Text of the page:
Wrestling with the Ghost of your Father

Or – how to be the Lion King, the Top Gun, or the rightful ruler of Denmark.

The animated classic, The Lion King, the Reagan-era air force blockbuster, Top Gun, and the essential Shakespearean tragedy, Hamlet, are all about the same thing: how do you make atonement for the absence of your father?

It’s a strange theme. Yet it is an idea so ubiquitous – from the Bible, to the Odyssey and the Aeneid, to the TV show Lost – that clearly it carries some residual vitality which requires our attention.

Why do so many of our most popular works of art have to do with losing one’s father and attempting thereafter to come to terms with his spirit?

Whenever something keeps coming up in story and myth, my literary instincts tell me that the idea is probably too primal or too close to our own experience to be expressed in any other way. So perhaps the best way of understanding this strange notion of wrestling with your father’s ghost is to look at the stories themselves.

In The Lion King, Simba is manipulated into carrying the guilt of his father’s death by the cunning Scar, and goes into self-imposed exile. When he re-encounters his childhood love, Nala, he is forced to confront his past – namely the spirit of his father, who tells him that he has forgotten who he is, and that he needs to take his place in the circle of life and return as king.

The story is largely derived from Shakespeare’s Hamlet, in which Hamlet’s uncle, Claudius, kills his father, marries his mother, and seizes the throne of Denmark.

The ghost of his father appears to Hamlet in the night, on the battlements of the royal castle, Elsinore, and begs Hamlet to bring his uncle to justice and gain revenge for his treason and murder. (It is intriguing to note that Shakespeare himself had a son named Hamlet.)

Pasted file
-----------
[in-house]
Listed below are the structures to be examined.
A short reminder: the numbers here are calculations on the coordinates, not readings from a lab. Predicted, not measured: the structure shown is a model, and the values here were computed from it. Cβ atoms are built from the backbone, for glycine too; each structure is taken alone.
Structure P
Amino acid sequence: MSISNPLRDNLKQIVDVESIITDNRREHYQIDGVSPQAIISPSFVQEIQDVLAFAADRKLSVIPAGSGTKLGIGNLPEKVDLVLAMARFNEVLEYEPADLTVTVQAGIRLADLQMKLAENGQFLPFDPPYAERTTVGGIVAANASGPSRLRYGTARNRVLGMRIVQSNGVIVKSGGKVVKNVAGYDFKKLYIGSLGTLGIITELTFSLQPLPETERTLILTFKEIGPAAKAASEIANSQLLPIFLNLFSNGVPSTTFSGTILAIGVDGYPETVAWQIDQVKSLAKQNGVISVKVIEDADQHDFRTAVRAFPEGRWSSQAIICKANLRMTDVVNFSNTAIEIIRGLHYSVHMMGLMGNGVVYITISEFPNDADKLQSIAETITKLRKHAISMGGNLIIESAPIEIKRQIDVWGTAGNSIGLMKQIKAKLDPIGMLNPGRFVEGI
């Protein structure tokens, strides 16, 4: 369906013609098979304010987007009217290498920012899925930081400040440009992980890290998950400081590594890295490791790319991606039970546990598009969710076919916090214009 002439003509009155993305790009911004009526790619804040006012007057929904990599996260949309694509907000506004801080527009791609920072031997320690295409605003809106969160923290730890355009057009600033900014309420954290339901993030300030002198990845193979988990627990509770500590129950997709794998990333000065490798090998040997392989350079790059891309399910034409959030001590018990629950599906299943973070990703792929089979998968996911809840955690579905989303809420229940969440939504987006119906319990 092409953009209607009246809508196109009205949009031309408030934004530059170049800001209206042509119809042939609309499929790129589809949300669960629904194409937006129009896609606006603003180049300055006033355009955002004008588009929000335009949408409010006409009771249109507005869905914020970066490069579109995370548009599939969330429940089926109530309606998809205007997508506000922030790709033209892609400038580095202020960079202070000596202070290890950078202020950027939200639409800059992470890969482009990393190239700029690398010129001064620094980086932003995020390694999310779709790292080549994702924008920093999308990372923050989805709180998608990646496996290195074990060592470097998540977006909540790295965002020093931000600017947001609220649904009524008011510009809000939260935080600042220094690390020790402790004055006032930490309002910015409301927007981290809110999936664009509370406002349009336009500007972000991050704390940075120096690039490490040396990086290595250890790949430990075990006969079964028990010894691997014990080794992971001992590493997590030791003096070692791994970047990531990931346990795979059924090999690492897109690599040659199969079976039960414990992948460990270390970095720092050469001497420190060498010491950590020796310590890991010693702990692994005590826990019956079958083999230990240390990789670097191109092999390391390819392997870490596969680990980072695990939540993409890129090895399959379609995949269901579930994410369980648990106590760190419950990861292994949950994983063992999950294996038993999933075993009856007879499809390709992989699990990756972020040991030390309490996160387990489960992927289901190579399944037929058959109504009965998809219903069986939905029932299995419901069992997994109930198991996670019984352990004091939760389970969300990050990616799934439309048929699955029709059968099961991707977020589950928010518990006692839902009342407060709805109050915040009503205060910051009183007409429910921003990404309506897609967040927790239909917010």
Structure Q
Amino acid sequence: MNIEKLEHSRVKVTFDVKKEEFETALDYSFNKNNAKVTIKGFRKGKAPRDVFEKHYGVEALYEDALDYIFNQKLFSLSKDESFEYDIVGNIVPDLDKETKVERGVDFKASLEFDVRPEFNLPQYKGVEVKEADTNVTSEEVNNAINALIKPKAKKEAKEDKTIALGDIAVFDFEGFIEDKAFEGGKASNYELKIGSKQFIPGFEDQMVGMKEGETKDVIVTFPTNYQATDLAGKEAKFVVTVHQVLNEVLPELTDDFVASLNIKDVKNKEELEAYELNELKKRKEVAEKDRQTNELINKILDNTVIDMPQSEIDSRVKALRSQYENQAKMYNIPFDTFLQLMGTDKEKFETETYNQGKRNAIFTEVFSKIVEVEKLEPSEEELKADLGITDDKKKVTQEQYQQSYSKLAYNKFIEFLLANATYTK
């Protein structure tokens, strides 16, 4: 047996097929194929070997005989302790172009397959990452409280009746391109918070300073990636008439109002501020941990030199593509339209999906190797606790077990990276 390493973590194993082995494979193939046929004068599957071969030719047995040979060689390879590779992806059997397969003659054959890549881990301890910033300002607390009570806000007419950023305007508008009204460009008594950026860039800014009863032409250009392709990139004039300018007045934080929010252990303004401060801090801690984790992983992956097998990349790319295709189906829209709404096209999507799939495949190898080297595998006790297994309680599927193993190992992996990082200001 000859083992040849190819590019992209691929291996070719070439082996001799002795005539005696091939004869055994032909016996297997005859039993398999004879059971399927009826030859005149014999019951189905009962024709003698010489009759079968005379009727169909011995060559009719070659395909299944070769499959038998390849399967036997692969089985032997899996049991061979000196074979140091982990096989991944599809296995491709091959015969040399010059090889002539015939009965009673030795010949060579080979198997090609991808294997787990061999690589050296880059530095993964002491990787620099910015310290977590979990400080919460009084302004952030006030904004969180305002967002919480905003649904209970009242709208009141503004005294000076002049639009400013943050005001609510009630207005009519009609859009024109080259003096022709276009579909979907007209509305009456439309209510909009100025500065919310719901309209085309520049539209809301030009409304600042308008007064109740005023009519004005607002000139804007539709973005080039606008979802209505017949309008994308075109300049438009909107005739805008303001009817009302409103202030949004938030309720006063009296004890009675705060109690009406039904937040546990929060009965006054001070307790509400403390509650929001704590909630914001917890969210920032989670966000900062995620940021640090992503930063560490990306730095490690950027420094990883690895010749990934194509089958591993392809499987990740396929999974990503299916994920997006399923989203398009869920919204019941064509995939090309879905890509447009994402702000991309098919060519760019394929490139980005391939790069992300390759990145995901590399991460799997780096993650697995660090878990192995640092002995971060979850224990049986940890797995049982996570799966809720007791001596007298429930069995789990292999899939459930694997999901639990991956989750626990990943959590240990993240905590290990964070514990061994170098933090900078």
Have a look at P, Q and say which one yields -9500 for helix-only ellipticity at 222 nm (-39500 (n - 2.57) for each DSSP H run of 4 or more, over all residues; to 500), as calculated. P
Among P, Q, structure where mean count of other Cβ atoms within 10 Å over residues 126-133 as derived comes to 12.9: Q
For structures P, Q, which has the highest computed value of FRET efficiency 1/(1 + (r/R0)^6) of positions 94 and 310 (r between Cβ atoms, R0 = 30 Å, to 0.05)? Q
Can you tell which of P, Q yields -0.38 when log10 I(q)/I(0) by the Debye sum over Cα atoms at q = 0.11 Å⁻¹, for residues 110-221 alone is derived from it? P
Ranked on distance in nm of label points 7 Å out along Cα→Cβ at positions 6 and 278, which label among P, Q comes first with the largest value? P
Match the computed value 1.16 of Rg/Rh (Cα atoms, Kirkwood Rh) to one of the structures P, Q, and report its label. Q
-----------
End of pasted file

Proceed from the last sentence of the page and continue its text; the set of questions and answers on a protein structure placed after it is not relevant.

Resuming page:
Both stories have to grapple with the fact that maybe the fathers are to blame for their demise and the ruin of the kingdom.

Why did Mufasa leave Simba all alone when he promised he would be with him forever, as the kings of the past have always done?

How can Hamlet believe that the ghost is not some kind of demon asking him to commit wanton murder (especially as the Protestantism of the Danish and English kingdoms would seem to rule out the old Catholic idea of spirits in Purgatory)?

The action film Top Gun focuses on this aspect of trusting the father.

Pete ‘Maverick’ Mitchell is an ace fighter pilot who is considered by many to be reckless and a dangerous wing man, despite his brilliance.

As his partner, ‘Goose’, puts it to him, perhaps the reason for his recklessness, his constant need to prove himself in the air, is linked to the fact that his own father died in an accident under dubious military circumstances, and thus he is always flying against a ghost.

How do all three stories end?

Simba eventually sees that death and losing your father may simply be a part of becoming king, and he moves on from his ‘maverick’ days of ‘hakuna matata’ and restores the kingdom as a new Mufasa, ready to face the crushing responsibility of being king.

‘Maverick’ himself comes to grips with his father figure, despite the death of ‘Goose’, when his mentor, ‘Viper’, assures him of the basic goodness of his father, and declares he will be his wing man if need be. He flies a combat mission in which he integrates his genius with his squad and finally chooses to become an instructor himself with the ‘Top Gun’ training programme – he enters the patriarchy, if you like.

‘Hamlet’, being a tragedy, ends in slightly more dubious circumstances. By the time Hamlet decides to act decisively against his kingdom, by the time he feels ready to take on the challenge, with the faith that death may be part of his destiny (‘The readiness is all’), it is perhaps too late to save Denmark, and the kingdom, with Hamlet’s death, falls to a foreign rival. All he can do is ask his best friend, Horatio, to tell his story, ‘the rest is silence’, and Horatio declares, ‘Now cracks a noble heart. Good night sweet prince: and flights of angels sing thee to thy rest!’

These stories are undoubtedly highly politically incorrect.

They seem to suggest a male initiation rite into patriarchy or fatherhood, and the channelling of aggression and autonomy into a pattern in which such energy can become healthy for the community and the soul. They seem to suggest, in other words, the necessity of a father – even if he is only present in spirit.

In this regard, I am reminded of the latest sociological study by Stanford economist, Raj Chetty, on income mobility in the US.